How to freeze basil.
Special equipment: ice cube tray, sharp knife, freezer
First, cut the basil leaves off the stems and layer about 8 leaves on top of each other and roll them up like a cigar.
Next, take a sharp knife and start from the top of the rolled basil leaves and cut the basil roll into thin stripes or ribbons (technical term: chiffonade the basil).
Typically, one of these small piles can be stuffed into a single ice cube tray pocket. Proceed with the basil until the ice cube tray is filled.
Now, pour a bit of cold water into each individual ice cube tray pocket; once the water is frozen, it will preserve the basil and keep it in place.
Place the tray in the freezer until the water is frozen solid. At this point the ‘basil cubes’’ can be removed from the tray, and stored as individual cubes in a large ziplock back in the freezer.
A ‘basil ice cube’ can be added to a pasta sauce without thawing. The water cooks off and the basil cooks with the sauce like fresh basil. Enjoy!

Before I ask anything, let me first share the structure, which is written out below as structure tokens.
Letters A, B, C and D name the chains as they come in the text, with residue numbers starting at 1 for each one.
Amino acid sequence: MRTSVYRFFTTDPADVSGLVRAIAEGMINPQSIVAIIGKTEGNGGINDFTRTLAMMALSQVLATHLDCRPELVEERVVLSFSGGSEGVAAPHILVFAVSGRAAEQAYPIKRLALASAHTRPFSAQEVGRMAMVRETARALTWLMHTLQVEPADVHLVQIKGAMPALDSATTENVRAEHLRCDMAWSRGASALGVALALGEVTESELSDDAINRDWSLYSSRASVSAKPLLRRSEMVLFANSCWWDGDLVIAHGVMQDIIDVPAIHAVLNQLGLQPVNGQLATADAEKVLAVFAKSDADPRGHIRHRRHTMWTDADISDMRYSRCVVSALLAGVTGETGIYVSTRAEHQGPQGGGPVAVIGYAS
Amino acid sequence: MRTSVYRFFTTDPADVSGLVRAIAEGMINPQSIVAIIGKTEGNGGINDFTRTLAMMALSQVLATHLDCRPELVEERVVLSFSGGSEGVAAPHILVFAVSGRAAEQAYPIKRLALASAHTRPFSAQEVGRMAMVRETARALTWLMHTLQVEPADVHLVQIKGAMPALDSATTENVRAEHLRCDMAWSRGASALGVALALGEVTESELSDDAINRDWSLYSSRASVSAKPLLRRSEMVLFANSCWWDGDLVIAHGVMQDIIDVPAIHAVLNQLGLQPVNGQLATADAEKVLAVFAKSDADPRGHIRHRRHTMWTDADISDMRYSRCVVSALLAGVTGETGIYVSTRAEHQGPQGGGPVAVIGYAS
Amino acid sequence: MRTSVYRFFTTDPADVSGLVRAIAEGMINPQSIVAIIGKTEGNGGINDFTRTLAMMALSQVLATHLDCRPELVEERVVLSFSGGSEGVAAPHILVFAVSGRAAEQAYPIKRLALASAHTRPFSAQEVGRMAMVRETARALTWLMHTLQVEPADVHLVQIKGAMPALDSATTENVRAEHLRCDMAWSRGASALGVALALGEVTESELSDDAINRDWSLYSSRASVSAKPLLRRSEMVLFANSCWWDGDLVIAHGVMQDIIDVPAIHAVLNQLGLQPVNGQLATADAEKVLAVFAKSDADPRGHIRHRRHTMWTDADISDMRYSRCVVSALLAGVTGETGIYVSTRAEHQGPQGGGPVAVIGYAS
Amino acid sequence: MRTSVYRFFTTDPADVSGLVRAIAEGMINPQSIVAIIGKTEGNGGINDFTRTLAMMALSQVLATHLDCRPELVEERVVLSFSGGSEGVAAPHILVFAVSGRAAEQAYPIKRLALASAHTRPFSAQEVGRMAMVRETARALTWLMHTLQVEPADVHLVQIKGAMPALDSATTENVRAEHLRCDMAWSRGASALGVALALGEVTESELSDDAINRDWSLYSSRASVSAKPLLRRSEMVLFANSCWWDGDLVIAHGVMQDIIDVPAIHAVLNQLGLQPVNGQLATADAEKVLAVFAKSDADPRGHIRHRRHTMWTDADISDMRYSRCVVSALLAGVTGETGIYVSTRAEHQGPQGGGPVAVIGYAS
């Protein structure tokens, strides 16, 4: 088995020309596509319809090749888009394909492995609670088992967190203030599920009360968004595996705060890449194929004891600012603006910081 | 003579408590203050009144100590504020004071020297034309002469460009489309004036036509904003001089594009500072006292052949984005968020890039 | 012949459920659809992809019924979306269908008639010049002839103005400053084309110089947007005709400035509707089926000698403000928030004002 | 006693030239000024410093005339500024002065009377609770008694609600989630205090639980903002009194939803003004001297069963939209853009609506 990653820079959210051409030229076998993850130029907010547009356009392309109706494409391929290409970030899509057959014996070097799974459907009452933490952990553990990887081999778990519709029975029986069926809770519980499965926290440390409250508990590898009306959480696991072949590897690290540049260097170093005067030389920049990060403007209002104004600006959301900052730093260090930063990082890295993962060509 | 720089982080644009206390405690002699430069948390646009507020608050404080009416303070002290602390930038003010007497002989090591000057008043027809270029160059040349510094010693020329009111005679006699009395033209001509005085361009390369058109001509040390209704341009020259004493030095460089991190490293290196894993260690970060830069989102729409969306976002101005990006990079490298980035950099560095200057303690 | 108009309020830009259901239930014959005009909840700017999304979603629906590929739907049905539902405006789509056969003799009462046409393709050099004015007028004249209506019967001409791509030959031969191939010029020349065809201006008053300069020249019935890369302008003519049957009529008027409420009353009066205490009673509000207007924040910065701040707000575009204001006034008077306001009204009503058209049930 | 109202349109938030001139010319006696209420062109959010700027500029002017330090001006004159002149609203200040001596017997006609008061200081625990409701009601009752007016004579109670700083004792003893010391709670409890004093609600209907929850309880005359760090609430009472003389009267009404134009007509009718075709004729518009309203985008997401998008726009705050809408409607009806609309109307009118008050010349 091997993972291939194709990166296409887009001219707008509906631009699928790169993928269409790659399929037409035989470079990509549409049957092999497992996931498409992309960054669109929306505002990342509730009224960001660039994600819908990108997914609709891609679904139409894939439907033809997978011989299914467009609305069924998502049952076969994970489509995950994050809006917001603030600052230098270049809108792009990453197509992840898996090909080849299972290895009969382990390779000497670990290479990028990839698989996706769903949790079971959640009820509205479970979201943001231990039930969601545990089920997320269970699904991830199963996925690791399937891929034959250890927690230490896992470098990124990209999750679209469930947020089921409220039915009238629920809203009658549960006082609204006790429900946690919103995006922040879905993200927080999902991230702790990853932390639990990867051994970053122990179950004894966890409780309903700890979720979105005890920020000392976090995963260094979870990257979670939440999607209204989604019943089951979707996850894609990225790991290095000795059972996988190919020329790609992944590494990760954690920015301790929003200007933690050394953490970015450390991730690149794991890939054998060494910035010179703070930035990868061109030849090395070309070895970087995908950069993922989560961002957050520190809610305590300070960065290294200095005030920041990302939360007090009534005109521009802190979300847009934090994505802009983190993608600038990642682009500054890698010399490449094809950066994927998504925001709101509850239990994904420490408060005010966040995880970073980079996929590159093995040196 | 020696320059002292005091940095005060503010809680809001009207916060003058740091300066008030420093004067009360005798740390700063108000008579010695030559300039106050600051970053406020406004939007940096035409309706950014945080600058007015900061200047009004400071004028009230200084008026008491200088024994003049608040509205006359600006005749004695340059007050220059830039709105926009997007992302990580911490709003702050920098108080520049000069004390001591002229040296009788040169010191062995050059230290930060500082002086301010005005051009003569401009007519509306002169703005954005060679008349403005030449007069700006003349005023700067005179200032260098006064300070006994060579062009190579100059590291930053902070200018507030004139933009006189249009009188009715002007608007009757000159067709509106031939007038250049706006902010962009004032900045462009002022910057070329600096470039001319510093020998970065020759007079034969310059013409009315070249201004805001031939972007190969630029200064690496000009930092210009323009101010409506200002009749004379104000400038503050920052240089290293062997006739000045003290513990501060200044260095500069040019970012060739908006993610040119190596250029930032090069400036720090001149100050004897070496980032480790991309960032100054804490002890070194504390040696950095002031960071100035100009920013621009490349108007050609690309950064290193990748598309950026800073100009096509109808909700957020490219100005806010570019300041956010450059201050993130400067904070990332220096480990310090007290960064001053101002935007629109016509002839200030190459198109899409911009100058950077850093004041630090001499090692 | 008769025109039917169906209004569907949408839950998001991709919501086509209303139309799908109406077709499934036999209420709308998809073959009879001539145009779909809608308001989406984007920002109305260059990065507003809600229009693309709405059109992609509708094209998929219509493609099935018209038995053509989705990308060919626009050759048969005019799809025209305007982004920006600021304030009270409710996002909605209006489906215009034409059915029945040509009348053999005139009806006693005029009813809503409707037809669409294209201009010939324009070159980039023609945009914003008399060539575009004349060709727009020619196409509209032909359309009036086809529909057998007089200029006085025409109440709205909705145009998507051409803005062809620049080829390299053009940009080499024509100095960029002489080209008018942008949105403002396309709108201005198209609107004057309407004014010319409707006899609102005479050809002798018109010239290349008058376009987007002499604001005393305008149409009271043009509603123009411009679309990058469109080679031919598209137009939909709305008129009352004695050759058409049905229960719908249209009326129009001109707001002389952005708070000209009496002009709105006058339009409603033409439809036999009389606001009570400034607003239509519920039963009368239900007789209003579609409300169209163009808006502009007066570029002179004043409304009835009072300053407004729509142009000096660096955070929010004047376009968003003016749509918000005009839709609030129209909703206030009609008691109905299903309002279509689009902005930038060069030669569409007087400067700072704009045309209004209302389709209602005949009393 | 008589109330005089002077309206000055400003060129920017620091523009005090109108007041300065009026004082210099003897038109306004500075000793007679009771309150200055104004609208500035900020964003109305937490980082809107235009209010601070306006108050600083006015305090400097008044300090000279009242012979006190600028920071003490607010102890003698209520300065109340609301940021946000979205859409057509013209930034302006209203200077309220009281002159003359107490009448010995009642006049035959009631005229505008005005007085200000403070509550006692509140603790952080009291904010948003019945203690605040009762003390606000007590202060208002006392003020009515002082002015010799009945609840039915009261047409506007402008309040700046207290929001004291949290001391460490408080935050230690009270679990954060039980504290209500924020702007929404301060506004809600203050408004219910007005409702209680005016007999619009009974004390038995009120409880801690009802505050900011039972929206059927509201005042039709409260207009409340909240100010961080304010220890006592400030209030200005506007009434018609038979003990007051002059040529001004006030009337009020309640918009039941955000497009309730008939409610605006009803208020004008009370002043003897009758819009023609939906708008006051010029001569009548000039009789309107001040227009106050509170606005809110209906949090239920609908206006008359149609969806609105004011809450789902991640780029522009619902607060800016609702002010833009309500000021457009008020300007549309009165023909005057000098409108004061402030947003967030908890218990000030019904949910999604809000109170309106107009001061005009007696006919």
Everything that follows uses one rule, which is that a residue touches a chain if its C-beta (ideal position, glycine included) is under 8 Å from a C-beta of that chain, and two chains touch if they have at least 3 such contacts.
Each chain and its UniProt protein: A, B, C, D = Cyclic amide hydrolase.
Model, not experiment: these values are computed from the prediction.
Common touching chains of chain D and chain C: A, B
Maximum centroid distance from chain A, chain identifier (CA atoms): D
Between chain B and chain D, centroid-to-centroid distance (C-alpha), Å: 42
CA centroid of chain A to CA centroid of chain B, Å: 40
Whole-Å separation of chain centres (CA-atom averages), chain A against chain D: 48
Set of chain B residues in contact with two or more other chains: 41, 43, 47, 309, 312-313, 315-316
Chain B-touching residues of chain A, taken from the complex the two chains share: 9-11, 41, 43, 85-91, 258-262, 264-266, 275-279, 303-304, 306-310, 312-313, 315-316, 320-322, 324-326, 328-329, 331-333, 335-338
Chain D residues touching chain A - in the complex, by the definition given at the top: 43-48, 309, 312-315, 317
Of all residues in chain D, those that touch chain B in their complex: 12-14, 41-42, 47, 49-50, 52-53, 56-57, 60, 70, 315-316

Tuesday, August 2, 2011
- 1 cup non-flavored Greek yogurt
- 1 eggwhite
- a few drops of liquid stevia
- 1/4 ts vanilla extract
- 1 TB all-purpose flour
- 1/3 cup fresh Maine blueberries (the small ones)
- almond slivers
Bake (in toaster oven) at 400F for 25min. Let cool, and serve.
Monday, August 1, 2011
Yesterday was my first official day of vacation. Since I am staying home, it is more of a ‘staycation’ and playing tourist in my own state. Having an accent and clicking away with a camera constantly comes in handy to playing this part perfectly ;-)
Yesterday, I was in the mood to just take a drive on the rural coastal Maine country roads, which curve from small town to small town, private, with blistering heat and shaded by large trees along the roads, and not a tourist in sight. For a moment there it felt like being in Provence in August.
I stopped to pay tribute to the annual blueberry crop, had a lobster roll in Penobscot, my favorite place where only locals end up at, sitting on a large rock on the ocean, and heading over to Blue Hill, a fairly private and artsy community. Good days!Penobscot History Society's open house at the General Store, and the 1-room school house.